I’m sitting in a hotel room in Hyderabad, and I guess that says it all about my relationship with India. My parents both grew up in this city, but I’m a born and bred New Jersey-an. Picking up on my accented Telugu, the Uber driver who drove us from Hussain Sagar, the manmade lake in the middle of the city, back to where we were staying this evening, asked where I had come from. When I told him that I was from the US, he asked why I spoke Telugu. When I told him my parents were from Hyderabad and spoke Telugu with me, he asked how come I wasn’t better at it.
The Buddha statue on Hussain Sagar
At Penn, I’m a biology major on the pre-med track, and a rising senior. I wanted to do something this summer that would let me work with people, and this opportunity drew me to India. I’m interning this summer at the Naandi Foundation, which is based in Hyderabad but works with many different locations across the country. As the work we’ll be doing at this internship is fieldwork-based, language is a huge factor. My hesitant Telugu, which I find myself more often than not embarrassed of, can provide me a great advantage in this part of India, if only I go through the exercise of practicing it.
Naandi’s work spans several ventures across India, including a few that we will get the opportunity to work with: the Araku coffee project, and the Nanhi Kali and N Star projects for the education and development of the girl child. The foundation began almost 20 years ago with a focus on maternal and infant health, and has expanded to serve many other needs of communities across the country and to otherwise help improve the livelihoods of members of tribal communities.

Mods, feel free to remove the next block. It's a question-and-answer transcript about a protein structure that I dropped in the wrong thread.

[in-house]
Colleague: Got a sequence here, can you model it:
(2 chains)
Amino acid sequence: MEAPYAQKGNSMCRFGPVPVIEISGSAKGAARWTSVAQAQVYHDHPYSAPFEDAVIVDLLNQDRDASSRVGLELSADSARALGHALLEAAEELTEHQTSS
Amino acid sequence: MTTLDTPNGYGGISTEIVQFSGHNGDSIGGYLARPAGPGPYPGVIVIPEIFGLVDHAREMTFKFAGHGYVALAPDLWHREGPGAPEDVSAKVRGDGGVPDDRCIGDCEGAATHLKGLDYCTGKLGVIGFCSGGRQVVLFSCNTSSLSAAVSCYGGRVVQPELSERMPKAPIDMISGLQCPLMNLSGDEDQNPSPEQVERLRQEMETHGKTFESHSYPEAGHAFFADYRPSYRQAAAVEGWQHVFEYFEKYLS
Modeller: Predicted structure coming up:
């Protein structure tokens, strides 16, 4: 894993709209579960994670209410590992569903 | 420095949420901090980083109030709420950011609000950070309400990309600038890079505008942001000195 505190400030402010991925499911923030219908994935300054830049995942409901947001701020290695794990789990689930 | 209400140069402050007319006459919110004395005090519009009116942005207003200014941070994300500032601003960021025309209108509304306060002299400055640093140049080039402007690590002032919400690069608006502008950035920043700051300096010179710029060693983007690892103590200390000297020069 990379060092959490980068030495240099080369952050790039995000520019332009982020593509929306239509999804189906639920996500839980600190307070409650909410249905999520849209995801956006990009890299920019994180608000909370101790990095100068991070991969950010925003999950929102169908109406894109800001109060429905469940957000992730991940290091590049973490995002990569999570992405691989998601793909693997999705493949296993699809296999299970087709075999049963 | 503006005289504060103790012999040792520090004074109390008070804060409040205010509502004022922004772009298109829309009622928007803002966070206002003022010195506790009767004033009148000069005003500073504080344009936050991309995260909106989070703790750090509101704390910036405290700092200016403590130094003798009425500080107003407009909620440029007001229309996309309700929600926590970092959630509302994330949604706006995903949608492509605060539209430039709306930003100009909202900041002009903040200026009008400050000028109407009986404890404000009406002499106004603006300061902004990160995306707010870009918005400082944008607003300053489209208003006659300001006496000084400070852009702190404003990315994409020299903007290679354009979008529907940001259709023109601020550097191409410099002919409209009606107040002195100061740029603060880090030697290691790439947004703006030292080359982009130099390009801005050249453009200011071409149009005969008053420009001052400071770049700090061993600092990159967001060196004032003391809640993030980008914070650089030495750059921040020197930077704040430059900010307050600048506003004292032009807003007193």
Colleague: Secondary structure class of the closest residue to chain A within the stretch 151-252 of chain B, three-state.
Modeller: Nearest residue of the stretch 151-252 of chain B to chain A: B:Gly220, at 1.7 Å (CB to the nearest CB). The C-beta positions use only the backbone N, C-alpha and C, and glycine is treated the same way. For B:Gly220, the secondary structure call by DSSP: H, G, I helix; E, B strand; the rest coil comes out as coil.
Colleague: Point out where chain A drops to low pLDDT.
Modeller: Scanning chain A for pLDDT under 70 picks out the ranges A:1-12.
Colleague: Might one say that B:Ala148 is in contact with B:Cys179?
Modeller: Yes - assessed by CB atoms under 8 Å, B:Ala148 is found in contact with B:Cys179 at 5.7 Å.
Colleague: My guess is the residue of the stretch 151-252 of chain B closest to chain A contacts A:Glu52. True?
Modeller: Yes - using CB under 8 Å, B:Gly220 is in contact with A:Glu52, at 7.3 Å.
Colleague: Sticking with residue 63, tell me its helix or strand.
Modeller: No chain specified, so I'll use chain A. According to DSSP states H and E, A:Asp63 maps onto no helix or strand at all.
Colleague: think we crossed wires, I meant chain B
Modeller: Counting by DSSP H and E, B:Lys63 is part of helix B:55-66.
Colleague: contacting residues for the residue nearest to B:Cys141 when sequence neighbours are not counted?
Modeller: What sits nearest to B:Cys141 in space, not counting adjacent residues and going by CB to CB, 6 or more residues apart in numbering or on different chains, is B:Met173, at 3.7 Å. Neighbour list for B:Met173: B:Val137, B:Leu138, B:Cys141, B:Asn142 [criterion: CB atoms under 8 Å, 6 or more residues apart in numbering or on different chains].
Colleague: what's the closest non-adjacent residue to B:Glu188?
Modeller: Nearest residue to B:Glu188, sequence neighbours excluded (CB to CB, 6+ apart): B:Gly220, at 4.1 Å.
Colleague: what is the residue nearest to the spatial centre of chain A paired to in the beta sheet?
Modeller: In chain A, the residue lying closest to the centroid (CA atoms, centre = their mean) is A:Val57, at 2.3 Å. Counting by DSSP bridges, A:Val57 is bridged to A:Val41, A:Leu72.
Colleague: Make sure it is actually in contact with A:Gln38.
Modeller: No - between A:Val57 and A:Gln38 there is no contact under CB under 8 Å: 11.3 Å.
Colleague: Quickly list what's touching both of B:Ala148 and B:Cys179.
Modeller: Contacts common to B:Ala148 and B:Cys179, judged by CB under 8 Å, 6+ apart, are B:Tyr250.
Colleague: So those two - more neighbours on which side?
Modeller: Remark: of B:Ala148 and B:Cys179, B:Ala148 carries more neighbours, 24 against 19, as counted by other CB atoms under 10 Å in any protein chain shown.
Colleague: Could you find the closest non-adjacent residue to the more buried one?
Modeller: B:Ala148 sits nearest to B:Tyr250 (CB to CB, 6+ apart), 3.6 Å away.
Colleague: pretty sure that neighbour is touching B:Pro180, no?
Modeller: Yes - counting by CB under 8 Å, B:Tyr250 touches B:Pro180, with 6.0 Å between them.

Samples in our office of the Araku coffee sold in their first store in Paris
Tomorrow, Judy and I are leaving for the Araku Valley to get a hands-on understanding on Naandi’s work here that has connected the Adivasi community to Kyoto, Seoul, and Paris, where Araku coffee has opened its first store. We’ll learn about sustainable farming and biodynamic agriculture. We’ll meet members of the community and explore their relationship with the foundation. We’ll be eating mangoes and hiking hills and valleys. We’ll talk to the coffee farmers in Araku to learn how things have changed over the past decade, and where they see their work going in the future. We’ll be learning the language of the earth in Araku Valley. And we’ll share its stories with you.